Your welcome the 17th of May next year Jaffer!

  3. Happy National Day to all Norwegians!

    Love the Bundad traditional folk costume. They look pretty on the ladies.

    You are having lovely weather in Norway now.

  4. Great post! What a difference nice weather makes to the day. And isn’t the timing (most years) fabulous? Release from the grip of winter is cause for celebration in its own right, I think.

  5. what a wonderful coverage Renny!!
    I love the photo of the family in national costume :)
    looks like you are having some glorious weather over there too :)
    Happy belated May 17 to you and your family xx

  6. Its so nice to see so many people out in the sunshine enjoying themselves, and so happy looking. I’m loving the traditional outfits, so lovely to see pride in heritage. Happy May 17th! I’m thinking what a fabulous country you are living in – we’re hoping to visit one day in the future.

  7. It is wonderful to have a heritage and national pride. The culture of your country is really a spirit of union and fellowship. I wish America was more like that ;-)

    Great post Renny, you always have such interesting and unique material here !


  8. This years parade in Oslo was nothing less than fantastic.
    And one of the longest for many years: 108 schools did participate with more pupils than normal. And the weather, fantastic.
    Our Son in Law (from Germany) was in Norway for the first time, and he was very impressed. (You might see him on my blog)

  9. Many of us here just treat our independence day as another day to rest. Not much cheers and patriotism. You guys are such a jovial bunch! :D

  10. First time in here and I really enjoy looking at the pictures… :)

    The Norwegian traditional folk costume look beautiful.

  11. Sounds a lot of fun this day! I think you captured and telling very well the atmosphere of the parade and crowd.
    Bunads are very nice. Of course as you ask to speak about our feeling reading your post, I think things are very different in France since people are a sort of melting pot now with different cultures, social referent, and more than 72 millions of people on our space. It isn’t a paradize but finally year after year sounds we are more receptive each others. I understand Sarkosy has an impossible job! Making all these different people go all in the same direction! Impossible mission! You know it is so since Astérix, le Gaulois!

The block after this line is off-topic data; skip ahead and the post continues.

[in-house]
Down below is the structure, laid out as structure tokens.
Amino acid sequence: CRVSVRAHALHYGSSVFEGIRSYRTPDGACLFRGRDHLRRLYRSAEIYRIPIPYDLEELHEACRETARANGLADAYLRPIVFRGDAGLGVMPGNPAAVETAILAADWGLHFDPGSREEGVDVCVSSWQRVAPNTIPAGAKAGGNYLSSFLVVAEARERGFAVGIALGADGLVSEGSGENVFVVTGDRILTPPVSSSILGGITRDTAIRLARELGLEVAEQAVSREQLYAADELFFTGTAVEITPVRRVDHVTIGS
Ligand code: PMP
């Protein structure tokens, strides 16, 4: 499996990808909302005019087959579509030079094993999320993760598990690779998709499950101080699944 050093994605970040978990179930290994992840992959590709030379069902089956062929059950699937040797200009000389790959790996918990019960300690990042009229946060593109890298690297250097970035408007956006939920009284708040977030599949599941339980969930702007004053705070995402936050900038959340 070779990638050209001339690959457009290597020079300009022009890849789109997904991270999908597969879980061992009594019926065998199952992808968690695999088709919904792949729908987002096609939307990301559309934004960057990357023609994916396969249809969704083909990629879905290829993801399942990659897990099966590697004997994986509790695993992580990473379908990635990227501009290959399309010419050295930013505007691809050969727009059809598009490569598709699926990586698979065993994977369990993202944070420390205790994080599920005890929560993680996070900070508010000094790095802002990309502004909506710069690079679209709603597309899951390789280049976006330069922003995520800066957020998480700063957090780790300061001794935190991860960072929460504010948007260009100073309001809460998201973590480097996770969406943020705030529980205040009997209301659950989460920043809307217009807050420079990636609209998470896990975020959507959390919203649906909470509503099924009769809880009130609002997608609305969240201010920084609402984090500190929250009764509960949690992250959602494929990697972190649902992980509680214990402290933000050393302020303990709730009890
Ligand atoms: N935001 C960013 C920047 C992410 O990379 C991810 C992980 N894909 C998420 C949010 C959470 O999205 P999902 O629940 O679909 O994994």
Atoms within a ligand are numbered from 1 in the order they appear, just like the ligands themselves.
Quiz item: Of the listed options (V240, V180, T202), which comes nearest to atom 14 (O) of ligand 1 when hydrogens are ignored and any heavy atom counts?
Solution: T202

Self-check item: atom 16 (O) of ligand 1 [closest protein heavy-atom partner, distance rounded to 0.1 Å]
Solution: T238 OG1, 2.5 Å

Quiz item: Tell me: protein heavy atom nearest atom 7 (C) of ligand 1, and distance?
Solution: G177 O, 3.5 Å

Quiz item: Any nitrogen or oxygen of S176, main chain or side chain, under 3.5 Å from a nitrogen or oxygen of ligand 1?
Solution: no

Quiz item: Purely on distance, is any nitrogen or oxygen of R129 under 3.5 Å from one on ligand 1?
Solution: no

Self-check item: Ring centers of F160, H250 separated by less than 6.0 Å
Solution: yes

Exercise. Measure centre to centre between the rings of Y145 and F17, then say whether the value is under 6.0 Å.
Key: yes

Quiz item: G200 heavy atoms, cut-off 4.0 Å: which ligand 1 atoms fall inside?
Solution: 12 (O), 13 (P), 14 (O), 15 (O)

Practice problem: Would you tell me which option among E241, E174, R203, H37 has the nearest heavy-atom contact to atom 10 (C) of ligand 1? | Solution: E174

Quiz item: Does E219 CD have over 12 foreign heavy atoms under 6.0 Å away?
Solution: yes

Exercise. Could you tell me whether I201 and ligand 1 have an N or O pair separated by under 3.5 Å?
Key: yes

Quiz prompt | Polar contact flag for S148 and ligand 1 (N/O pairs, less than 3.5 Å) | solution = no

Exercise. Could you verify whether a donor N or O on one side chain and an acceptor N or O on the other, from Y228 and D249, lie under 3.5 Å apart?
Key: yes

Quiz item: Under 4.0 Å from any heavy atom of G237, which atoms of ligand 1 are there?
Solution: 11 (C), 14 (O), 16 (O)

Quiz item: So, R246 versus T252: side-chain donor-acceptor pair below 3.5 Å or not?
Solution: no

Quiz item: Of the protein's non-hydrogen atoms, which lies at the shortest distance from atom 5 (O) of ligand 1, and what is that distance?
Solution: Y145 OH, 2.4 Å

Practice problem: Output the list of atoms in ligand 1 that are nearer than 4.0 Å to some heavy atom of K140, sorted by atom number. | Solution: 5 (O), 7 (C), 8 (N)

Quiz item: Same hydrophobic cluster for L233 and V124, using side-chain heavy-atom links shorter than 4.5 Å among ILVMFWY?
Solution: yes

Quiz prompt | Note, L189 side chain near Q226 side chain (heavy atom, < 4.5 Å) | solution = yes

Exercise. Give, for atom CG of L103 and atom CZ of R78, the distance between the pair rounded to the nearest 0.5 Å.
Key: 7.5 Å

12. It’s especially impressive that so many people take the trouble to wear traditional costumes. It looks so effective, so celebratory. There can’t be very many countries where people would turn out at an event wearing national dress, I don’t think. I’m wondering if people own these, or are they hired? It’s particularly great to have had such a beautiful day.

    1. @All: Thanks for your comments and reflection – it means a lot to me and enriches the subject!

      @A.: The Bunads is privately owned, often sewed by relatives (from their original aria or home province) and given as a confirmation gift.

  13. Hey Renny,

    I love it when you post about the History of Norway! I always knew that Norway (along with other Scandinavian countries) were very democratic since the 19th century (we learn this in our History classes) and that it was a model to follow (although Portugal has failed to do so in so many aspects).

    Oh my God, what a gorgeous family! Their outfits (Bunad) are so beautiful! I simply loved them.

    I like this kind of patriotism, for one should be proud of its country, its history and culture – after all it is all part of whom people are (their identity) – so, I congratulate Norway for its amazing and positive love for the nation.


  14. huh, how nice. Sort of like Japan’s children’s day and a Heritage week and national celebration like Canada’s all rolled together.

  15. That is social engineering. I do not like social engineering. There are better ways for women to rise, ways that may take longer, but ways that more honorably apply the principles of equality and fairness. Whatever ways that remain unjust which are preventing women from rising fairly in male-dominated environments are also wrong and must change, as they will in time. There are important lessons for individuals and for society to learn and work through during that more natural social adjustment.

  16. Very interesting! I will be taking my first trip to Norway in May and cannot wait to experience this special day in Oslo!

    Thank you for sharing all of the info and photos!

  17. Renny, what a wonderful post and great pics! I hope someday to be in Norway on the 17th of May to celebrate with my cousins. In the meantime, I wish you the best from Arizona…keep up the great blogging!